There is an argument to be made that Aaron Smith is the best All Black of his time.
Just as there’s a similar argument to be made that he is the best All Blacks’ halfback of all-time.
Speed is the great strength of Smith’s game. Speed of thought, speed of movement and speed of pass. In an era where teams yearn to play at pace and catch defensive lines in disarray, Smith’s skills are a huge advantage to every team he plays in.
Why, then, would you ever replace that guy with TJ Perenara?
I greatly admire Perenara. I haven’t always, but you can’t deny the man’s work-ethic and combativeness. He might not be the most talented player in the world, but few try harder.
Really and truly, though, you are putting the All Blacks’ backs at a massive disadvantage every time Perenara takes the field. His strengths don’t appear to align with the team’s preferred method of play and – at the risk of sounding a halfwit here – surely it makes more sense to have a more Smith-like halfback on the park?
I get this whole idea of teams having finishers or closers and I won’t pretend Perenara hasn’t performed well in that role over the years. Equally, I’d contend Beauden Barrett might have had a better time of it had Brad Weber worn No.9 when the All Blacks met the Wallabies in Brisbane the other night.
Test match rugby is a good product when you’ve got a contest. And again – at the risk of sounding a halfwit – the previous week’s 43-5 victory in Sydney felt a hollow one. Australia were awful that night and beating them didn’t feel like a huge achievement.
The Wallabies’ 24-22 win at Suncorp Stadium exposed a few things about the All Blacks and, in the grand scheme of things, that’s beneficial.
Walkovers won’t win New Zealand the next Rugby World Cup. The players need to face challenges and failures if they’re to improve and the coaches are to sort the wheat from the chaff.
Ian Foster didn’t roll a great starting XV onto Suncorp Stadium and then didn’t appear to have great faith in those on the bench. Despite sapping humidity and a slightly superior foe, Foster persevered with players such as Perenara and people are entitled to be critical of that.
Let’s run through the team that took the park the other night. In the backs, Anton Lienert-Brown, Beauden Barrett and Perenara are proven test performers.
Ardie Savea, Sam Cane, Sam Whitelock, Scott Barrett and Codie Taylor are all test-match quality forwards. That’s eight out of 15, with Damian McKenzie the only bench player you’d mention in the same breath.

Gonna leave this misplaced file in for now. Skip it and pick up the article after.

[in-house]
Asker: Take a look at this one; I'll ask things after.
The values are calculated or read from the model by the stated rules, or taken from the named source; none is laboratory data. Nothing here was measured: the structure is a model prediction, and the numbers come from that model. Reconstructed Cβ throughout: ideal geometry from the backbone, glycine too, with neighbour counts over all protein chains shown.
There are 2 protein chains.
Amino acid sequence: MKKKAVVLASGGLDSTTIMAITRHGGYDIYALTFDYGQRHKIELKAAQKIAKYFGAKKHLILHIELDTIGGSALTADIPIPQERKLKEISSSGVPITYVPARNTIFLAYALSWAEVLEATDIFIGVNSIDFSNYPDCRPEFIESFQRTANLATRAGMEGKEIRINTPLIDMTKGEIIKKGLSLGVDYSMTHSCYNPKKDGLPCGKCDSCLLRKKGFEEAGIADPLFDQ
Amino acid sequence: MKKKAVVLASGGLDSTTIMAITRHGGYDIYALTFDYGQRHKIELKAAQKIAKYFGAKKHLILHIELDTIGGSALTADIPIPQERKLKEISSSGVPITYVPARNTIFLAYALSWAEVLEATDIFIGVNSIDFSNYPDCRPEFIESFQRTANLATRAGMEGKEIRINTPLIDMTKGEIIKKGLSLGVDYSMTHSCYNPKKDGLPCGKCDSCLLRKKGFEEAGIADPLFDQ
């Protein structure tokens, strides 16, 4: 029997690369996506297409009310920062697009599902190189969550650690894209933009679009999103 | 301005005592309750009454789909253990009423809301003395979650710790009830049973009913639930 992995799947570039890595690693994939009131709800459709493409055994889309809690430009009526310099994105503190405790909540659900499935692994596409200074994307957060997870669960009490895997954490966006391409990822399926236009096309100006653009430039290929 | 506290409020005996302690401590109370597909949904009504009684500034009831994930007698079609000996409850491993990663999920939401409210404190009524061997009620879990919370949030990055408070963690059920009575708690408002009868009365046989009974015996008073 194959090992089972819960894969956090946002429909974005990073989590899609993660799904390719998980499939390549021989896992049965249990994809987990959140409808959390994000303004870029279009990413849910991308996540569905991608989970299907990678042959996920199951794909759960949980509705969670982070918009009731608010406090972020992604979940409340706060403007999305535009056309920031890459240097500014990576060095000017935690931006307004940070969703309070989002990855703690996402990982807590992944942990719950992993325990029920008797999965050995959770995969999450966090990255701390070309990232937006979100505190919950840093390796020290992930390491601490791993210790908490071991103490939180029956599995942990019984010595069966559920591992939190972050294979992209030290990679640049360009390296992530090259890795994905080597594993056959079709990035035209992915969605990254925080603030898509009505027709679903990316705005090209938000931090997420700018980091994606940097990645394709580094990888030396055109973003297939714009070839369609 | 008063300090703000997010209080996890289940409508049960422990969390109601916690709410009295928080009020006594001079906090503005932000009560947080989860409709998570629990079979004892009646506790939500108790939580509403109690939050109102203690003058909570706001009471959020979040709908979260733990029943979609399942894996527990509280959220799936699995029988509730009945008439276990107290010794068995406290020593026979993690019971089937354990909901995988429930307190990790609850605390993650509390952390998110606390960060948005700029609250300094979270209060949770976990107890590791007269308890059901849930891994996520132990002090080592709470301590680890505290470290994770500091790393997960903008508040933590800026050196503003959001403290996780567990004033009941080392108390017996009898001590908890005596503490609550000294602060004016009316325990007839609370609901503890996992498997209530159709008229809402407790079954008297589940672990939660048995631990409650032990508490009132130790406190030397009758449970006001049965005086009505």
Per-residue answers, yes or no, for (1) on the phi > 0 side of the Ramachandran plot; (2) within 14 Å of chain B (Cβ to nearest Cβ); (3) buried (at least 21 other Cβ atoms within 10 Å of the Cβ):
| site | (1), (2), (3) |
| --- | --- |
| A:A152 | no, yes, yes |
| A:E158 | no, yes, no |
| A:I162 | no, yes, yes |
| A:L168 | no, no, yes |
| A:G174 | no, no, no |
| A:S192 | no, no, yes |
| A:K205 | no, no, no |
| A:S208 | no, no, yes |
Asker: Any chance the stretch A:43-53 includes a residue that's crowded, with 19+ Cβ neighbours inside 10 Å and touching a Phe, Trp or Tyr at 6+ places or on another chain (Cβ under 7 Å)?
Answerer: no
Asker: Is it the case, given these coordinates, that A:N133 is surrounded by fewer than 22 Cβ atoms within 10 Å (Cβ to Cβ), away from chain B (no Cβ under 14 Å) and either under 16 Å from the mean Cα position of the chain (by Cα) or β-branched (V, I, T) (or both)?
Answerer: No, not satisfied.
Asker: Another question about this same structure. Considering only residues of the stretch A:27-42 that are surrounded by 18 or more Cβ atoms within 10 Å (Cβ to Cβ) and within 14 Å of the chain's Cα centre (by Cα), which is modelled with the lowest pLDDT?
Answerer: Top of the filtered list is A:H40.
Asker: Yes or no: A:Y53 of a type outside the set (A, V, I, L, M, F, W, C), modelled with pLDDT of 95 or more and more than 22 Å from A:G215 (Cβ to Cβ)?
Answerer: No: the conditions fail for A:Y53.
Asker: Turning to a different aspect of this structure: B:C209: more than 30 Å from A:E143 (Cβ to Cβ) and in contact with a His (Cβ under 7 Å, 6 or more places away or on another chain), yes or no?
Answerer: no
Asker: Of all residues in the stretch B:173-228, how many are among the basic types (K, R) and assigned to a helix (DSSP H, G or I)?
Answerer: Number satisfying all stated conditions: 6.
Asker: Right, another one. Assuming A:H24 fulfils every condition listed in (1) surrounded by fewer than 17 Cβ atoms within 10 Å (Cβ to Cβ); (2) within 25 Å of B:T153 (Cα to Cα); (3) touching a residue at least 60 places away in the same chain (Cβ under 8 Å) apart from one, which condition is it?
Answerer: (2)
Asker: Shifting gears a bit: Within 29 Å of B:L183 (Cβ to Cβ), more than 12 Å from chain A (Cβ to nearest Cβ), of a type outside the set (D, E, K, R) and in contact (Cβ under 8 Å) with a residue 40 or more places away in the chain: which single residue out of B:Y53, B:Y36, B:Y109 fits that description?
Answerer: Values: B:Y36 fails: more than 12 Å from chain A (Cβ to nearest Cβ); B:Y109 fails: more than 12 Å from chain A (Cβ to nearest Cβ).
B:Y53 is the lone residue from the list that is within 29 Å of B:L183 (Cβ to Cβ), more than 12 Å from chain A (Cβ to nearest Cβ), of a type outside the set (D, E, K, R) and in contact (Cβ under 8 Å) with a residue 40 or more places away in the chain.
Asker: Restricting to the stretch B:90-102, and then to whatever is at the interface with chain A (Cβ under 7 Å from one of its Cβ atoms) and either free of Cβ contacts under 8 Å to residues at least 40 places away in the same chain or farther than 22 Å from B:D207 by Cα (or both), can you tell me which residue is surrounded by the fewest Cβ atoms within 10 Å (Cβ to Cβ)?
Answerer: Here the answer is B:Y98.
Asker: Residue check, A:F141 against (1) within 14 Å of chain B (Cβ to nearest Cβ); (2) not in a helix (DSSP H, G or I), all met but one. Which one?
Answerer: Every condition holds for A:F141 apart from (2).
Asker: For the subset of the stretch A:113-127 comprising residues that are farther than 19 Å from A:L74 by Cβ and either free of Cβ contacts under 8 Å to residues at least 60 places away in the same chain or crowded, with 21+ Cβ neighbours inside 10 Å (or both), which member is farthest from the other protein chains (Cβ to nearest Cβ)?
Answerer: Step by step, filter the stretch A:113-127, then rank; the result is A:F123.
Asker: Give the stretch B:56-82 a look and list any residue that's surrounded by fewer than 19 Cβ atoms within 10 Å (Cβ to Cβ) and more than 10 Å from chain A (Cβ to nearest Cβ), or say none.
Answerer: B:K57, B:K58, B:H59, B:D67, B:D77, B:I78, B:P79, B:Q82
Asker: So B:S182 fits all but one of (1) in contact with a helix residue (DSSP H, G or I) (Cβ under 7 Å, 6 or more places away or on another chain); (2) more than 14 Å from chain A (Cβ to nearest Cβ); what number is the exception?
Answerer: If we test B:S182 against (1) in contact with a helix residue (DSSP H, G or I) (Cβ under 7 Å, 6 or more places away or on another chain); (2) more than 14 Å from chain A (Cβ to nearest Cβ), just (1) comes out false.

Are we actually as good as we like to think we are? Or was this just a poor test 23?
We as fans, and alleged pundits, don’t help. You’d think, for instance, that Akira Ioane produced one of the all-time great 80-minute performances, judging by some of the praise he’s received.
The bar has slipped absurdly low if we’re commending cameos like that.
As good as it was to see a contest on Saturday, so it was to have some consistency. Referee Nic Berry was right to send Ofa Tuungafasi and Lachie Swinton off, just as he was to sinbin Marika Koroibete and Scott Barrett.
If that’s World Rugby’s standard and foul play or high tackles are going to be judged in that fashion, then happy days. Cue the justified howls of outrage, though, when Owen Farrell again escapes punishment for similar.
There was some absolute loads of rubbish talked about intent on Saturday night. And whether, as they love to say in rugby league, high tackles are a bloke’s “go’’ or not.
Again, if that’s World Rugby’s standard and referees are going to stick to it, then that’s a great outcome for the game. We can’t allow tacklers to attack the head of ball runners, no matter whether they intended to or not.
But, hey, how good is a loss? How much are you looking forward to New Zealand against Australia being a rivalry again? How keen are you to see tests against South Africa and England and France on the schedule again?
Sport is better for uncertainty and intrigue and talking points and Saturday night at Suncorp Stadium provided us with plenty. Long may that continue.
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